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This article is taken from PN Review 75, Volume 17 Number 1, September - October 1990.

An Age Ago or The Maturing Ego Daniel Weissbort

Remarks Occasioned by an invitation to write an eight-hundred word review of An Age Ago: A Selection of Nineteenth-Century Russian Poetry, Selected and Translated by Alan Myers. With a foreword and biographical notes by Joseph Brodsky (Penguin Books), with reference also to Translated! Papers on Literary Translation and Translation Studies, by James S Holmes (Rodopi, Amsterdam)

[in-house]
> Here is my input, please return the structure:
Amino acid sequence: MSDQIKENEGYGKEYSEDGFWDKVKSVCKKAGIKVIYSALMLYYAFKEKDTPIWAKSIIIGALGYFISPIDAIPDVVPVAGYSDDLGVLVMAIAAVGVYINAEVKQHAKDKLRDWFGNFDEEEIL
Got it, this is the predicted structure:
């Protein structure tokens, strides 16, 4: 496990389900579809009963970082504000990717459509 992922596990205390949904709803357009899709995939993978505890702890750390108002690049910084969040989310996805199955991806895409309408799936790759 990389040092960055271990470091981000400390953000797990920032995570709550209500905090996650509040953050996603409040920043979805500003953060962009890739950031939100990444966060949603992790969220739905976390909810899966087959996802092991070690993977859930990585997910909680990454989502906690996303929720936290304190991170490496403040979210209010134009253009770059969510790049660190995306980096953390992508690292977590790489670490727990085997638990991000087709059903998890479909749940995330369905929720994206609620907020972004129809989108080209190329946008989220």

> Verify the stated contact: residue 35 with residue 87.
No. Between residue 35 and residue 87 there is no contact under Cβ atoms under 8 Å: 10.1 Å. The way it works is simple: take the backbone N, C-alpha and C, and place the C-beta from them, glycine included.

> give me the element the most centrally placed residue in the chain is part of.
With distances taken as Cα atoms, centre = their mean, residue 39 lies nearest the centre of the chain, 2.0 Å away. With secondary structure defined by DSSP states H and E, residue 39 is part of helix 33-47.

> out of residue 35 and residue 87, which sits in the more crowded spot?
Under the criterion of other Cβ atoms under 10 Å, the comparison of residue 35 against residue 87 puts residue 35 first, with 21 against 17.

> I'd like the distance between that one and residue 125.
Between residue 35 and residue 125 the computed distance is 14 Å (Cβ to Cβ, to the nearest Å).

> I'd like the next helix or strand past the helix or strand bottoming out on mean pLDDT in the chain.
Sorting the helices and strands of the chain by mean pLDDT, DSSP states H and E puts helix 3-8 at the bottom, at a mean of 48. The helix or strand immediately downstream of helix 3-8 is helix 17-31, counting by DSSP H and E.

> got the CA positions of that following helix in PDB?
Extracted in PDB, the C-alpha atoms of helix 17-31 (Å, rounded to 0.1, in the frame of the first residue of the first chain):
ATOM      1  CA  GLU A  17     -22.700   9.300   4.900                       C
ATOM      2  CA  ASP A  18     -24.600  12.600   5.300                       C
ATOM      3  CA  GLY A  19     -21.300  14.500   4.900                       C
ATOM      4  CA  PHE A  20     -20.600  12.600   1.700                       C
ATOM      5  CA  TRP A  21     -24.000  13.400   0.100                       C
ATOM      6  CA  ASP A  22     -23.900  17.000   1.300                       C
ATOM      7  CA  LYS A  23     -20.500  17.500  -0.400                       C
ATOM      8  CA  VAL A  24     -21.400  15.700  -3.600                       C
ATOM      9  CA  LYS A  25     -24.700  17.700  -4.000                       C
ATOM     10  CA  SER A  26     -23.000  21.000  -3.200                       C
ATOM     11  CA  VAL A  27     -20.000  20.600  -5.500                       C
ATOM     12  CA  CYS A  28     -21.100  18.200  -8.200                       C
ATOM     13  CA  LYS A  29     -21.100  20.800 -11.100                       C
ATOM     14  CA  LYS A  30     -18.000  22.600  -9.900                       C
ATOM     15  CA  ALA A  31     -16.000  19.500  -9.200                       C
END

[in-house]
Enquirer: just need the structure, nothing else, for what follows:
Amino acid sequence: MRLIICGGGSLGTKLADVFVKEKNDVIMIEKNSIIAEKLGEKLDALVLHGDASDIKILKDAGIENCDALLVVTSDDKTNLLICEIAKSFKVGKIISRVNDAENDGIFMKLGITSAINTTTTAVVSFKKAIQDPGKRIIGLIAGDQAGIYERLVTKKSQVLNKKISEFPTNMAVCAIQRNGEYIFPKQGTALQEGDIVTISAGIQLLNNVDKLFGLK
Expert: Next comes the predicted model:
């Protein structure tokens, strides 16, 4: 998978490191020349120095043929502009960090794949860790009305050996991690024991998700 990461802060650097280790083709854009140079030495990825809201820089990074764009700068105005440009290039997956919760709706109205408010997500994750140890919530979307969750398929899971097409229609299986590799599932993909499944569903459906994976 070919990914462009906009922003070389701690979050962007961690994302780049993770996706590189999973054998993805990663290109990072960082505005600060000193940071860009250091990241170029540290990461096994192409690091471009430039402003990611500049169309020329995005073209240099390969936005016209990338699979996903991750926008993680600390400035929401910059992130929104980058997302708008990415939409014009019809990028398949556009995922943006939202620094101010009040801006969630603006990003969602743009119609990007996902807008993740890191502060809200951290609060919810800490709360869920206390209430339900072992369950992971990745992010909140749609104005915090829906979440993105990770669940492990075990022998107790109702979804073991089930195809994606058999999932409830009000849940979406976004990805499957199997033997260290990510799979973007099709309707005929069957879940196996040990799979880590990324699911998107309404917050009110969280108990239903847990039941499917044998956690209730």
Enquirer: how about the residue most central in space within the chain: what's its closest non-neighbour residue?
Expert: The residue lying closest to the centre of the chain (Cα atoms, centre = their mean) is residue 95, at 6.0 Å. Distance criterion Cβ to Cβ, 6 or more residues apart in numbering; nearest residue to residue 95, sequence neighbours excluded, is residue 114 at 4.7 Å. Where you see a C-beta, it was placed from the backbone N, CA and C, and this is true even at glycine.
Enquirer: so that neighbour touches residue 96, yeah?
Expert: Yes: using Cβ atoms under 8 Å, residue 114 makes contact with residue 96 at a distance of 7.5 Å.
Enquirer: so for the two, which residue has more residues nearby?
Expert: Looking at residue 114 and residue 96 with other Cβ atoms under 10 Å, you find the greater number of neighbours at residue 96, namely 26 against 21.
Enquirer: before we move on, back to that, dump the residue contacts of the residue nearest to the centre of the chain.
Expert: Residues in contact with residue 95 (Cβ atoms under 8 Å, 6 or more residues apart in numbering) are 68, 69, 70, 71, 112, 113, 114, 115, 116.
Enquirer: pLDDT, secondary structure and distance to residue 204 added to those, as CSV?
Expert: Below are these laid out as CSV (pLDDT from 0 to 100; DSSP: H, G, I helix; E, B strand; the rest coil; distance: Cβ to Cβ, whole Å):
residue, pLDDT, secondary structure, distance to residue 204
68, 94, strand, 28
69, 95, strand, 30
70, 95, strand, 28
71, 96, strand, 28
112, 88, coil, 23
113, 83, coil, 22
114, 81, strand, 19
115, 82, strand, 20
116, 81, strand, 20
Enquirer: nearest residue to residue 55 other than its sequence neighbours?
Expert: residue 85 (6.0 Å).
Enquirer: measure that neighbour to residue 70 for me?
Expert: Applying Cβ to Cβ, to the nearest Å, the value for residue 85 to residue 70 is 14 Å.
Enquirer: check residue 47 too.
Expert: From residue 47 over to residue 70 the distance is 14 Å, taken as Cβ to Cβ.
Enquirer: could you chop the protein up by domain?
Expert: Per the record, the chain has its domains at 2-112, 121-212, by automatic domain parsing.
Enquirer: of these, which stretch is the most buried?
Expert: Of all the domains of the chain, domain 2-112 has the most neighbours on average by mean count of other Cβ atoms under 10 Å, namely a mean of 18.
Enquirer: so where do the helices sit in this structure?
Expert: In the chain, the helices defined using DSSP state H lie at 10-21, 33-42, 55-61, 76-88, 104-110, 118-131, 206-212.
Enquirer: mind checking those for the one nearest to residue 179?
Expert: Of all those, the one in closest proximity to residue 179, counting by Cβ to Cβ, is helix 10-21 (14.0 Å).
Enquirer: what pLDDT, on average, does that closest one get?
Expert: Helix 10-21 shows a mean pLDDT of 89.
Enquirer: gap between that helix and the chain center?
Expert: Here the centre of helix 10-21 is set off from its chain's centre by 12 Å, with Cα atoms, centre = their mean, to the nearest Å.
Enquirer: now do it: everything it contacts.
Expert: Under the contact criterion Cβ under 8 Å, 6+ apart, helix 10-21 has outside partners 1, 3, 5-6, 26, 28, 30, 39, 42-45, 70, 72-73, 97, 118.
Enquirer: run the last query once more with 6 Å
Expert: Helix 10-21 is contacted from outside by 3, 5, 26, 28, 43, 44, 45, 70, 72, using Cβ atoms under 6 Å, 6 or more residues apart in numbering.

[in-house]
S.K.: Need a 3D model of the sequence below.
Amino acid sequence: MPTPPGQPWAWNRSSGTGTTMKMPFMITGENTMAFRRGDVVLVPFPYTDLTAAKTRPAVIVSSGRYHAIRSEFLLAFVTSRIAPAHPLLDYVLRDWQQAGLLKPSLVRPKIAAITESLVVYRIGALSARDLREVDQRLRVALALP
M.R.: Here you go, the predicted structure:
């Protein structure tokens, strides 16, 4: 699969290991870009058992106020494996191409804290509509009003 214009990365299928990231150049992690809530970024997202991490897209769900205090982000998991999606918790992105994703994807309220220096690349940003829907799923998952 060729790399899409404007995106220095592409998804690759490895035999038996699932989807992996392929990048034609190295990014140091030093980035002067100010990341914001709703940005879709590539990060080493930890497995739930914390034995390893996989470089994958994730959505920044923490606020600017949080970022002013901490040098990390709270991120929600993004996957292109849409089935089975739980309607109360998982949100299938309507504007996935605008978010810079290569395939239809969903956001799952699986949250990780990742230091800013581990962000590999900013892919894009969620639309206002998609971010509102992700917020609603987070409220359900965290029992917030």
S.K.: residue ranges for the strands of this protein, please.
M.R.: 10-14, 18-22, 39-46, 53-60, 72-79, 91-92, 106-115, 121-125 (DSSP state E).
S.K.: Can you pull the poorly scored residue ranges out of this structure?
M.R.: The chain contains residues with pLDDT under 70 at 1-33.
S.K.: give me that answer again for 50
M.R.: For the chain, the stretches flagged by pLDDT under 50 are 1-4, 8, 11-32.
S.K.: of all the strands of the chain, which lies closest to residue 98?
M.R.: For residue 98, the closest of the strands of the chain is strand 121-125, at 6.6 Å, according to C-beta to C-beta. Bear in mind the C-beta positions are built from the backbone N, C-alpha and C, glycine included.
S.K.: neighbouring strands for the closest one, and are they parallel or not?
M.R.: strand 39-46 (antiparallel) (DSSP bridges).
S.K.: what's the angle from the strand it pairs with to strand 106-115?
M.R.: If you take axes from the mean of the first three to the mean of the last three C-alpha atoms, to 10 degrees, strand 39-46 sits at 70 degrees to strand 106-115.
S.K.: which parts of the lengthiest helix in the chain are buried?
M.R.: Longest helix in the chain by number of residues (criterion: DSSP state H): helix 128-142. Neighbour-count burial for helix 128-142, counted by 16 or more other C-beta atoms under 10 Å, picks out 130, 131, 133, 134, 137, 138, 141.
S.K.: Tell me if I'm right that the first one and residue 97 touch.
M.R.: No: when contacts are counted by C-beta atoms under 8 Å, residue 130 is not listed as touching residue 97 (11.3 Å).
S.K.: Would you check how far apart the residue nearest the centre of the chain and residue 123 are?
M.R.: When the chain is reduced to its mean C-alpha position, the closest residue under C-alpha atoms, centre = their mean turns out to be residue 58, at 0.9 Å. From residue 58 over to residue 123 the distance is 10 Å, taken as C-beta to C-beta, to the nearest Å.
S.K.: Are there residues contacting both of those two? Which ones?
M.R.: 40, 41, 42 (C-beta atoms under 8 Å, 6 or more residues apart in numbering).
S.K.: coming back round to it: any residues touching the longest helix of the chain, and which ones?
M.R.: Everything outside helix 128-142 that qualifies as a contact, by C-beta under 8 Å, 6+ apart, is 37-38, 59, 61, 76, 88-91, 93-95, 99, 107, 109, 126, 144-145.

I SHOULD DISCLOSE the following. An age ago, it occurred to me, somewhat presumptuously, that the English-speaking world needed an anthology of 19th-century Russian poetry. I spoke to Joseph Brodsky about this, since he had always been generously willing to fill me in on the Russian scene. It would surely be too much to suppose that this perfectly obvious idea had not also occurred to him. But if so, he probably despaired of its ever being implemented - at least, to his taste - since here (in the United States and Britain) far too few translators shared his conviction with regard to the translation of formal verse, namely that, if possible, the identical rhyme and metre should be preserved ('homological' rather than 'analogical' correspondence), and that it nearly always was possible, the only obstacle being the perversity, not to say the laziness and incompetence, of most verse translators. The few poets who were willing (or able) to translate verse form into identical verse form could hardly be expected to take so much time out from their other literary activities. Nevertheless, when I mentioned my 'idea' to him, he reacted positively, offering ...

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